Argentina likely to see inflation tick up this year -analysts

FILE PHOTO: The facade of Argentina's Central Bank is pictured in the financial district of Buenos Aires

BUENOS AIRES (Reuters) - Analysts consulted by Argentina's central bank expect surging consumer prices to rise slightly this year, the bank said on Friday, which would mark a second straight year of near triple-digit inflation for South America's second-biggest economy.

Consumer prices are seen rising by an annual rate of 97.6% in 2023, according to the analyst poll commissioned by the Argentine monetary authority (BCRA), compared to last year's rate of 94.8%.

The bank's latest REM survey compares to a December forecast of a 98.4% inflation rate by the end of this year.

The government of embattled President Alberto Fernandez sees creeping annual inflation for 2023 significantly lower, at just 60%, according to a budget projection.

The survey's inflation forecast sees some relief by 2024, however, with prices rising by 79.6%, but up from its previous estimate of 75%.

Suffering through a prolonged economic crisis marked by a massive debt load, chronic deficit spending and the steady erosion of the local peso currency, Argentines live with one of the world's highest inflation rates, second only to Venezuela in Latin America.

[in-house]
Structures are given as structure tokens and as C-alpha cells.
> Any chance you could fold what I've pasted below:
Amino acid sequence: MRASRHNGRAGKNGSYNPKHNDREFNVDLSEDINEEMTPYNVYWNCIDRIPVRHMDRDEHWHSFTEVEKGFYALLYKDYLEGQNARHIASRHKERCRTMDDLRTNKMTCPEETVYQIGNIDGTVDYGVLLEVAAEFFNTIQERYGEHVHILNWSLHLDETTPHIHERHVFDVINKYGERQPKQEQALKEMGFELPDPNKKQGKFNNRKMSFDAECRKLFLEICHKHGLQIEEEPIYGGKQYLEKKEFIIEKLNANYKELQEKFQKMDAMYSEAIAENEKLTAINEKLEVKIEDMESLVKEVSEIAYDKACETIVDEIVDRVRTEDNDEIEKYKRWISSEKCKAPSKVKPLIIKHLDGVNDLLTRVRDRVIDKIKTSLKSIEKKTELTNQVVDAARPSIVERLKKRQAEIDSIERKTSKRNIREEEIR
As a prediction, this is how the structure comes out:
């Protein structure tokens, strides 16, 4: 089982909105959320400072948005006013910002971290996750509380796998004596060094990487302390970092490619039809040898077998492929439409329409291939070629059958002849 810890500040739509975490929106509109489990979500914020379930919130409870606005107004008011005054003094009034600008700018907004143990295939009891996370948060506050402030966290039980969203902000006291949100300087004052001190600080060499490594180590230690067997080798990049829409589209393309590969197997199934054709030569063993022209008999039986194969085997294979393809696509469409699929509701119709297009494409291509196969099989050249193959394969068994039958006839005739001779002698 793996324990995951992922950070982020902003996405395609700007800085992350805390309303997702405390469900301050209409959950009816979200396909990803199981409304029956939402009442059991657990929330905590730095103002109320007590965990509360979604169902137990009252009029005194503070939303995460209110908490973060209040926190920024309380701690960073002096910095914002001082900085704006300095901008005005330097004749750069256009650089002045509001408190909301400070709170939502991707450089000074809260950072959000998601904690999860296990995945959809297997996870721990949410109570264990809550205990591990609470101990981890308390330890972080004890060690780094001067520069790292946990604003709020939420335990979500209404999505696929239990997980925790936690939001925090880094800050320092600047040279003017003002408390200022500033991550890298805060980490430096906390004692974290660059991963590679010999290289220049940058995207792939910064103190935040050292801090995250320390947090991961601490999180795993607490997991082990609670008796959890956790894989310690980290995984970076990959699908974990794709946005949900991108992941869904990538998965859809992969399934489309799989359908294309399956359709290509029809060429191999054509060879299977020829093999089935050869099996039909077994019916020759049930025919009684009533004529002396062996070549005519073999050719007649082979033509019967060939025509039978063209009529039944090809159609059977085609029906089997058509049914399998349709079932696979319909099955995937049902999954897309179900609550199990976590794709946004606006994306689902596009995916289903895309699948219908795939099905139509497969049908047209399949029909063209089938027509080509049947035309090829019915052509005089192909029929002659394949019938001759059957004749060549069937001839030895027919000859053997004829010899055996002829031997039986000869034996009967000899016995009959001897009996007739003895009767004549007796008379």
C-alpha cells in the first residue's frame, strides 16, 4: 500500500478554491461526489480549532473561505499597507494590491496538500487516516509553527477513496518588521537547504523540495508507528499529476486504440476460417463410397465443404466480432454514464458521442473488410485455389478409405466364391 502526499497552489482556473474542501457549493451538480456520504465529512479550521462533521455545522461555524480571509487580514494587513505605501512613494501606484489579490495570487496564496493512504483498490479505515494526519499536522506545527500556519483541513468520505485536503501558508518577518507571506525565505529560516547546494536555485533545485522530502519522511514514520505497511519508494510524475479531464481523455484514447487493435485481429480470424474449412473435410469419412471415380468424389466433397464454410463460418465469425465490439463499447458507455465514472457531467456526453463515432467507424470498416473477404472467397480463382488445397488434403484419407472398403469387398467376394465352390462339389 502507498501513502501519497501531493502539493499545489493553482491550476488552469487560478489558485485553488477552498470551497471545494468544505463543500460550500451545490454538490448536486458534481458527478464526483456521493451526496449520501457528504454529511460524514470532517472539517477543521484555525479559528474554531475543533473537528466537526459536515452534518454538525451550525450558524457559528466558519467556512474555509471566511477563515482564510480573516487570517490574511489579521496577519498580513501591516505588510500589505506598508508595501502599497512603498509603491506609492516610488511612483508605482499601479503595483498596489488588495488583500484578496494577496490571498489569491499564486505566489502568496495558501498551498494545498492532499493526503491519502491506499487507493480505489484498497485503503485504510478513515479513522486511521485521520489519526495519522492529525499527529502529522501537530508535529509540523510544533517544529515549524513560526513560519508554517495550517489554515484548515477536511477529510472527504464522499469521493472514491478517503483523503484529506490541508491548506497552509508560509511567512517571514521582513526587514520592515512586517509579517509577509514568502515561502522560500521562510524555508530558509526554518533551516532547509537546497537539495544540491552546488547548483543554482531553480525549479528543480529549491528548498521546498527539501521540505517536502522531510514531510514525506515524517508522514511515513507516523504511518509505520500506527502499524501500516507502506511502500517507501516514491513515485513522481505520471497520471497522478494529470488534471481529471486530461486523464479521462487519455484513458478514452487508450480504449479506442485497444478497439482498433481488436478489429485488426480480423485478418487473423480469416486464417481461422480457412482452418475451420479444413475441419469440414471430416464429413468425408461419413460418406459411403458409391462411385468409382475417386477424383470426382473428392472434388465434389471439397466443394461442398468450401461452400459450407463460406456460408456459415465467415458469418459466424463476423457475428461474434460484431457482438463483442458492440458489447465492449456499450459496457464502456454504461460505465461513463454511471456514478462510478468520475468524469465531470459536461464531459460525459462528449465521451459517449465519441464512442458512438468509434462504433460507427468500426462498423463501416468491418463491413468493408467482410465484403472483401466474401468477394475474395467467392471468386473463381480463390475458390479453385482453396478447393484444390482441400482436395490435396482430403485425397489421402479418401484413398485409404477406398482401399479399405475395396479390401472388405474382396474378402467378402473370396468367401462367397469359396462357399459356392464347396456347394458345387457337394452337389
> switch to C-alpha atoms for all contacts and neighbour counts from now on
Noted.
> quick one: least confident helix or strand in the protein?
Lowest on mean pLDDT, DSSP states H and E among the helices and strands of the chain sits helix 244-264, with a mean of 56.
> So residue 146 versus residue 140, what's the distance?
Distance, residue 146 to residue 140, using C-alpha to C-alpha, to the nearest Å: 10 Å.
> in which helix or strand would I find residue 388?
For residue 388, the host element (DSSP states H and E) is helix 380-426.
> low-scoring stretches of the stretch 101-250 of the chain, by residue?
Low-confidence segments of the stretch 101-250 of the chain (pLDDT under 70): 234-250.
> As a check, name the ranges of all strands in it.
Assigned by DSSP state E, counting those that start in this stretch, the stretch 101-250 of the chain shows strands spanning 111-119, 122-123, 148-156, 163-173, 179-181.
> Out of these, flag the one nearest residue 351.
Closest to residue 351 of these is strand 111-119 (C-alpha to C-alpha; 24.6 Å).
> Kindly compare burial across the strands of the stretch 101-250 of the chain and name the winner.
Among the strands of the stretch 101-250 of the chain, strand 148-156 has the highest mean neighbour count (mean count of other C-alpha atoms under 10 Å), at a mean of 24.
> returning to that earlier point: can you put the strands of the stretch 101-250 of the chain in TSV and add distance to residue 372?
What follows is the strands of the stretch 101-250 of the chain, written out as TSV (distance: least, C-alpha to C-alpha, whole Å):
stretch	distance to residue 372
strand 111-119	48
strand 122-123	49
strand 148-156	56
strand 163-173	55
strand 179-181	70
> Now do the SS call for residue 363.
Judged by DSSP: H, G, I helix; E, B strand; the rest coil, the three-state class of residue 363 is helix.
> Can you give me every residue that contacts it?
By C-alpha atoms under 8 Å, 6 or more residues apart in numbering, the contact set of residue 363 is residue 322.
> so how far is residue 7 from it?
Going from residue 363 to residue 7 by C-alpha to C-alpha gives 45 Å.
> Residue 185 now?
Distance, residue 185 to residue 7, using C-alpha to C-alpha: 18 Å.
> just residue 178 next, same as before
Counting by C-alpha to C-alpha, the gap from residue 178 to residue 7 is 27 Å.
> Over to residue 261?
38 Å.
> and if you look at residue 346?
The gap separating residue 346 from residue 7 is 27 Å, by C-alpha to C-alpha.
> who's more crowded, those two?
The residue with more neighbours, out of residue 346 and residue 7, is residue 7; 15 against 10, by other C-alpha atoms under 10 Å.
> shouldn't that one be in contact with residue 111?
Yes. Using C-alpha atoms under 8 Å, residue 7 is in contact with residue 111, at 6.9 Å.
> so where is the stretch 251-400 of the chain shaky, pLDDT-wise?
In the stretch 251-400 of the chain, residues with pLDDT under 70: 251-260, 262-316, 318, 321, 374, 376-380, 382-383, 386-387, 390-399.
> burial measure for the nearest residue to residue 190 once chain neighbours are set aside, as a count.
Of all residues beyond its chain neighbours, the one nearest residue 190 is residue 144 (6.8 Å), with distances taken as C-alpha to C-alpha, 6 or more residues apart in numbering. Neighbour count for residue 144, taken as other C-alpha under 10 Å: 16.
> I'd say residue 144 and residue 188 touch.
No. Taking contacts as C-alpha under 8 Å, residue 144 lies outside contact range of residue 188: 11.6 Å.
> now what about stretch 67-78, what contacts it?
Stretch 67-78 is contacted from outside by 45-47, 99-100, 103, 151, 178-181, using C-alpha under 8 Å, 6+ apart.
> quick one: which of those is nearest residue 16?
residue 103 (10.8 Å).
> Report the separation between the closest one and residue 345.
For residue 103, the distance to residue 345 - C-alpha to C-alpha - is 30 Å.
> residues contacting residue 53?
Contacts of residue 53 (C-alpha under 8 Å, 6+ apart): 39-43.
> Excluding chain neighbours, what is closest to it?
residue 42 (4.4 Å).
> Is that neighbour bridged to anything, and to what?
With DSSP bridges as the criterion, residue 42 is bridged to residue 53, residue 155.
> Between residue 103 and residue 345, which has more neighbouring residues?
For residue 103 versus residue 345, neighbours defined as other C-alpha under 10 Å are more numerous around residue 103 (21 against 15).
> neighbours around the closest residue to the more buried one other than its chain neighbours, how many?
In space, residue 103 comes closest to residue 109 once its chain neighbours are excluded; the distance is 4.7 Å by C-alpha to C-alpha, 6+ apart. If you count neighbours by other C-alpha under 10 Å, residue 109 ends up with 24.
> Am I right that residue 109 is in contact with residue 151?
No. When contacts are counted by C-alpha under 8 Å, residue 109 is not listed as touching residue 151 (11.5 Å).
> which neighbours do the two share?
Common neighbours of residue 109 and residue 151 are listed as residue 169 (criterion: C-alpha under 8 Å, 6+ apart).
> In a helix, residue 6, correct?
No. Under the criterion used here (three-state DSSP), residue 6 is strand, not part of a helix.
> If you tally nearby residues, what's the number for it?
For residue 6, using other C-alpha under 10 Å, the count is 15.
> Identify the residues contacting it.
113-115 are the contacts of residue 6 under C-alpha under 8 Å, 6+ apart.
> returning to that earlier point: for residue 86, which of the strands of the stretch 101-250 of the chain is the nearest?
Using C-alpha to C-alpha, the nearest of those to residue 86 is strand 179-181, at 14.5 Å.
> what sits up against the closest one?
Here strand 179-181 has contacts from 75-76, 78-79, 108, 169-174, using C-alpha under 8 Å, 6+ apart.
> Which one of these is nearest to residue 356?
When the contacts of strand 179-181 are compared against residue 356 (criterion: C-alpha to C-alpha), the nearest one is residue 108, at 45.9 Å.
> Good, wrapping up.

Earlier this week, the BCRA announced it will roll out a new 2,000-peso bill, double the face value of its largest current bank note.

The analysts surveyed expect January's inflation rate to come in at 5.6%. The monthly rise in prices last December stood at 5.1%, according to the official IPC price index.

Expectations of economic growth this year remain unchanged at 0.5%, according to the survey, while the official exchange rate is seen ending the year at 327.75 per U.S. dollar.

That would mark a 74% weakening of the tightly controlled official exchange rate, compared to its current value of about 188 pesos per greenback.

The REM survey interviewed 40 experts from Jan. 27-31, including consultants, financial institutions and research centers.

(Reporting by Eliana Raszewski; Editing by David Alire Garcia and Sandra Maler)